Bexar County Election Sees Increased Voter Turnout, Some Kinks In New System | Texas Public Radio

Bexar County Election Sees Increased Voter Turnout, Some Kinks In New System

Nov 6, 2019

More than 106,000 Bexar County ballots were cast in the joint election by the end of Tuesday night, including early and Election Day votes. That’s a sharp increase over the last similar election in 2017, which saw 38,000 total votes cast.

The county used its new voting machines, which require using a touch screen that then prints out a ballot which must be fed into a tabulator. It was the first time residents could vote at any polling site in the county instead of an assigned location. However, the increased turnout caused some sites to run low or out of the needed paper ballots.

Bexar County has around 1,114,000 registered voters. Turnout for the 2019 election was about 10%. The last constitutional amendment election in 2017 saw a 3.7% turnout.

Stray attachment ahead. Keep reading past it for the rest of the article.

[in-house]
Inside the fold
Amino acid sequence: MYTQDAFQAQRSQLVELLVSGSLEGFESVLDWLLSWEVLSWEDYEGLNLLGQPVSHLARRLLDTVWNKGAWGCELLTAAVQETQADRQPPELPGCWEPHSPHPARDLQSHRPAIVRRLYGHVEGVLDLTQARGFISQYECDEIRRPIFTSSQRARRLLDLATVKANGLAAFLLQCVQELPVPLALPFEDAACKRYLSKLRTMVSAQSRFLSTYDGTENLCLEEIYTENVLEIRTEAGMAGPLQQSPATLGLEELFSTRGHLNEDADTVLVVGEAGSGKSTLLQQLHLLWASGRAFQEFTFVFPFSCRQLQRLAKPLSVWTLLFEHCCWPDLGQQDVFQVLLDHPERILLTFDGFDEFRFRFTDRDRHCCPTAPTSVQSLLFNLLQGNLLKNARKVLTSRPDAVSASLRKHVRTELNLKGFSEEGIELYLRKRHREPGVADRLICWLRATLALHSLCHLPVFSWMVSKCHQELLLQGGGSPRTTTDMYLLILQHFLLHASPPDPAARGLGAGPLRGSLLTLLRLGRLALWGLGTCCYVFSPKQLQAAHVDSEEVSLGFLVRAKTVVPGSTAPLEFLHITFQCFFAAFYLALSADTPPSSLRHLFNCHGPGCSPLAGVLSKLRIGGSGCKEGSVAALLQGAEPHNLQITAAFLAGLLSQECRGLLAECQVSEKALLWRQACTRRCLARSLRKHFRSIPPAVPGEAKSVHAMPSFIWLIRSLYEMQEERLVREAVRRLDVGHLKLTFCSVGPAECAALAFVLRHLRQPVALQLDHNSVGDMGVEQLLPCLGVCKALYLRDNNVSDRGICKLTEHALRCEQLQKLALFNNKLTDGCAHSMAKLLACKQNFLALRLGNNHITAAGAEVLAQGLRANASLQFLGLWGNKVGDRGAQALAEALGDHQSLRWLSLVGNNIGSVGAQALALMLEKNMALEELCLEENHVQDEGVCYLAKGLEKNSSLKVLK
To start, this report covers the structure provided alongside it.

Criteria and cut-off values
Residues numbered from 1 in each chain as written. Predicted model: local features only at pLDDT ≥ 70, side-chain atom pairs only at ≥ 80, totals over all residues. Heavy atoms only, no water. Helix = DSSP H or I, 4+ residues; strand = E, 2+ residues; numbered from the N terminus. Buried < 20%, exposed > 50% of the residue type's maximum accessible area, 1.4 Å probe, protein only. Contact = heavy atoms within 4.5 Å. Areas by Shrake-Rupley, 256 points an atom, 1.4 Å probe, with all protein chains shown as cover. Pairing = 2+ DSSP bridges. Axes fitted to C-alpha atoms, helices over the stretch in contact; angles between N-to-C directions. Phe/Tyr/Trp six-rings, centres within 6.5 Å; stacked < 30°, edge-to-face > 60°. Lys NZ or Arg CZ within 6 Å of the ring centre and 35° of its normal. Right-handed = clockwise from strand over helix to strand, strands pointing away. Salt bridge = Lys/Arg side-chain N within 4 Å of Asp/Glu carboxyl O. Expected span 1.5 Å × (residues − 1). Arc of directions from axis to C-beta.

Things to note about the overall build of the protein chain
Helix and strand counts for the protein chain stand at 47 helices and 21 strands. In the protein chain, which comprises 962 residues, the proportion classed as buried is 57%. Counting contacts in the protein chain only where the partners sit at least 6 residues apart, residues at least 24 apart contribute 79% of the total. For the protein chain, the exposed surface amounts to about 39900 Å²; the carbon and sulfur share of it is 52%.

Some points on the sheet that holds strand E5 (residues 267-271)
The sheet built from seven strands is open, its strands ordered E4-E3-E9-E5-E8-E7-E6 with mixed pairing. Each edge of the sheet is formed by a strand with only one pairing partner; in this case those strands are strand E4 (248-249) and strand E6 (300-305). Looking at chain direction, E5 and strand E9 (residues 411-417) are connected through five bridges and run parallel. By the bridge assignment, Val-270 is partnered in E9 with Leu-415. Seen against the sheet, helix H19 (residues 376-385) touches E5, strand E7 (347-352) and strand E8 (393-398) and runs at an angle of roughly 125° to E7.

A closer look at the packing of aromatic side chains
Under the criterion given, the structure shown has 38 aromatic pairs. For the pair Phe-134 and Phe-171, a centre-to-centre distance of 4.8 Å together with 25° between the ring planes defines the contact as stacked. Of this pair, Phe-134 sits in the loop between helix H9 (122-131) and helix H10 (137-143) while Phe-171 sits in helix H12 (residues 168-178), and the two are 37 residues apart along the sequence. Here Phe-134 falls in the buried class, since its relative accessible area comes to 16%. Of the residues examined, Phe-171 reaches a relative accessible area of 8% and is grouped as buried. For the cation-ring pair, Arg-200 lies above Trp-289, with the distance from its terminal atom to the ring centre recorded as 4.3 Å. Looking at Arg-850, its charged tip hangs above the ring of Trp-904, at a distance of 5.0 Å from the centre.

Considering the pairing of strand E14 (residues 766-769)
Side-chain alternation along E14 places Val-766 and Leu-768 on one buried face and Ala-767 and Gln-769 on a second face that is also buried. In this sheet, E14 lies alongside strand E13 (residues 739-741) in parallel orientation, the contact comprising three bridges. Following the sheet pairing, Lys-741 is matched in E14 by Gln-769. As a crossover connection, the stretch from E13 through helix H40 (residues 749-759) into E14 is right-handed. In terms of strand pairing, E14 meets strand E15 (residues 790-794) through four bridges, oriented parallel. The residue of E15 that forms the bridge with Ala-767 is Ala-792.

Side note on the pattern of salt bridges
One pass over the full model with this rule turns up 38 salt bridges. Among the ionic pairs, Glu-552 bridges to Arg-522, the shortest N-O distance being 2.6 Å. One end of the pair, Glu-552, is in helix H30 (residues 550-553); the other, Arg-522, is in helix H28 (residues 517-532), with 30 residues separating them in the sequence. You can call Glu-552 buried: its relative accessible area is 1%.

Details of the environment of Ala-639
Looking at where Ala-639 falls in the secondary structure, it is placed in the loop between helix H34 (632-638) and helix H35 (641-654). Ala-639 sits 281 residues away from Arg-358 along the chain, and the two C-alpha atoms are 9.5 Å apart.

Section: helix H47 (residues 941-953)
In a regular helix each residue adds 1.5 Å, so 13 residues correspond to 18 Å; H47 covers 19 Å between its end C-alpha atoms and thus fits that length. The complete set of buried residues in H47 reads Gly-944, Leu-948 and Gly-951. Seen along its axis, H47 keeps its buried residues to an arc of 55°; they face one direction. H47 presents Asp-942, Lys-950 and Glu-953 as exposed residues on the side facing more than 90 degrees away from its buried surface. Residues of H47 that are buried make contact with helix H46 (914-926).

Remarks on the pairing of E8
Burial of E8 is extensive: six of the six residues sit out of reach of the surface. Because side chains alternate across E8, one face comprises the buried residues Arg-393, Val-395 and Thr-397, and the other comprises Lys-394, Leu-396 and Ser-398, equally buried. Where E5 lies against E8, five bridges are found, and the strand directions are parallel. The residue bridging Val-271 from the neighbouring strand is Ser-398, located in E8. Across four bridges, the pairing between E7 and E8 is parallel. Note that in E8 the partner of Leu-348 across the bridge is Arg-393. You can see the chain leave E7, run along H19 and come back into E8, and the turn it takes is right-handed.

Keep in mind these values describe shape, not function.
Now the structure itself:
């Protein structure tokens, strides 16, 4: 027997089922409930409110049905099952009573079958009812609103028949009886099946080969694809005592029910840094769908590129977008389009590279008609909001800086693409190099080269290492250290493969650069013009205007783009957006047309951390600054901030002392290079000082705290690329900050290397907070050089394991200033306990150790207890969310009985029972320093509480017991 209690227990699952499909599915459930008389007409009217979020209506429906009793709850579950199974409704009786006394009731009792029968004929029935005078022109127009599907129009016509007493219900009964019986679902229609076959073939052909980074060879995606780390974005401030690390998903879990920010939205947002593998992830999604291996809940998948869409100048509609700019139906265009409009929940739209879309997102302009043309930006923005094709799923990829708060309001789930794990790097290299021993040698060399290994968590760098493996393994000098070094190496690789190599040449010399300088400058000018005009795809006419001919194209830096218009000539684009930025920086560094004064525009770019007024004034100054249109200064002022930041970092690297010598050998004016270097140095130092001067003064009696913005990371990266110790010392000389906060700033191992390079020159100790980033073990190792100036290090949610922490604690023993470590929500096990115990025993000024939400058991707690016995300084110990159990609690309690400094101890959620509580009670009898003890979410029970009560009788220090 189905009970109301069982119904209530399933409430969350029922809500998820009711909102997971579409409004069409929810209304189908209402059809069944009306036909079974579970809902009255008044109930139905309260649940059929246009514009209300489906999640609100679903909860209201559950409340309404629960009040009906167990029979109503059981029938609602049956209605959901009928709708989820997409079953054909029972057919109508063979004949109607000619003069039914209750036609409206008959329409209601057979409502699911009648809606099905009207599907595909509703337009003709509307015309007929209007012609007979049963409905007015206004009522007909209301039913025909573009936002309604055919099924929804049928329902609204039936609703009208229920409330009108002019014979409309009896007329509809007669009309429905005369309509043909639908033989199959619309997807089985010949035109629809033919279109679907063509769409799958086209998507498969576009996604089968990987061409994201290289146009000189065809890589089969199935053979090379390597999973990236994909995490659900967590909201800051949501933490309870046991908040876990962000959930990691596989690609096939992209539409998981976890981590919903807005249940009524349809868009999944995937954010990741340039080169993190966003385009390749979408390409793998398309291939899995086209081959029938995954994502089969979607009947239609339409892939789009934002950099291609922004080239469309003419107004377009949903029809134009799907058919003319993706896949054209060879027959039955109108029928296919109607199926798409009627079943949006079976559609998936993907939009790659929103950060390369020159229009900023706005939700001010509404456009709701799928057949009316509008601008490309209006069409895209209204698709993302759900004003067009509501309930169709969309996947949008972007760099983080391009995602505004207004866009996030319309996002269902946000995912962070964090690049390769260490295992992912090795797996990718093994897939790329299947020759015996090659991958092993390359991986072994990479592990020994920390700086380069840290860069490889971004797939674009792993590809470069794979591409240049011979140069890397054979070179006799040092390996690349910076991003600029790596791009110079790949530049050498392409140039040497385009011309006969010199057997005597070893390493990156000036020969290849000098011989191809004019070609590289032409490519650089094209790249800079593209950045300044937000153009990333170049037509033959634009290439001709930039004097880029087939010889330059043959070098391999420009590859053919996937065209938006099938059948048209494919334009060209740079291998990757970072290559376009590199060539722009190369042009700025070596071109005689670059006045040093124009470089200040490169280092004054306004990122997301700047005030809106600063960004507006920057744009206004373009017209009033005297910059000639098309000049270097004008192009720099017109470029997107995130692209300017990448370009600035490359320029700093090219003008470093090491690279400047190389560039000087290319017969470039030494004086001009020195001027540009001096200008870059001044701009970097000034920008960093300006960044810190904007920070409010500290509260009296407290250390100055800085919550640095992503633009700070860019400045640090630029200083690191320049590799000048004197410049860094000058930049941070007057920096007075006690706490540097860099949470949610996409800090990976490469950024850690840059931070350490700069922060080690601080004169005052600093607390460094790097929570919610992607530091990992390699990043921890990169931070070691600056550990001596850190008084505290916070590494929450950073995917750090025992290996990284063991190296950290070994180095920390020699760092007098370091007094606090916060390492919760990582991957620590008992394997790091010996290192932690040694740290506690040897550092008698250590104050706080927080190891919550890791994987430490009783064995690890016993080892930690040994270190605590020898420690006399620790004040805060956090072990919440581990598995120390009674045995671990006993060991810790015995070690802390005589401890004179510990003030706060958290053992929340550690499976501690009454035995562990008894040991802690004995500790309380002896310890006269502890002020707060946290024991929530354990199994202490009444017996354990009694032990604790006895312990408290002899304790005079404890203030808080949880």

“Yesterday (Election Day) alone we had 56,000 — where in 2017 we barely had 18,000 people (on Election Day),” Bexar County Elections Administrator Jacque Callanen said.

While it's an increase for a similar election, it still falls very short of recent even-numbered year elections. Last year’s November election, a midterm, saw a 50% turnout amid high profile contests like the race for one of Texas U.S. Senate seats. The 2016 November election, which saw the election of President Trump, had a 57% turnout. 

She deemed the voting center model a success, and she added the process of number crunching isn't yet complete.

“We have to do a lot of work now to see how many people took advantage of that, how many people moved around,” she said. “I can tell you anecdotally, right off the top, the decision to keep our early voting sites was open was monumental.”

She said some of those early voting sites that were converted to election day voting centers saw more than 500 people on Election Day. For example, during the May election, 318 people voted at the Brookhollow library on Election Day while 891 people voted there on Tuesday. Cody Library saw 129 voters in May’s Election day but saw 644 for the November election. 

There were issues that needed to be worked out involving the new system.

“Did we have challenges? You bet we had challenges,” Callanen said.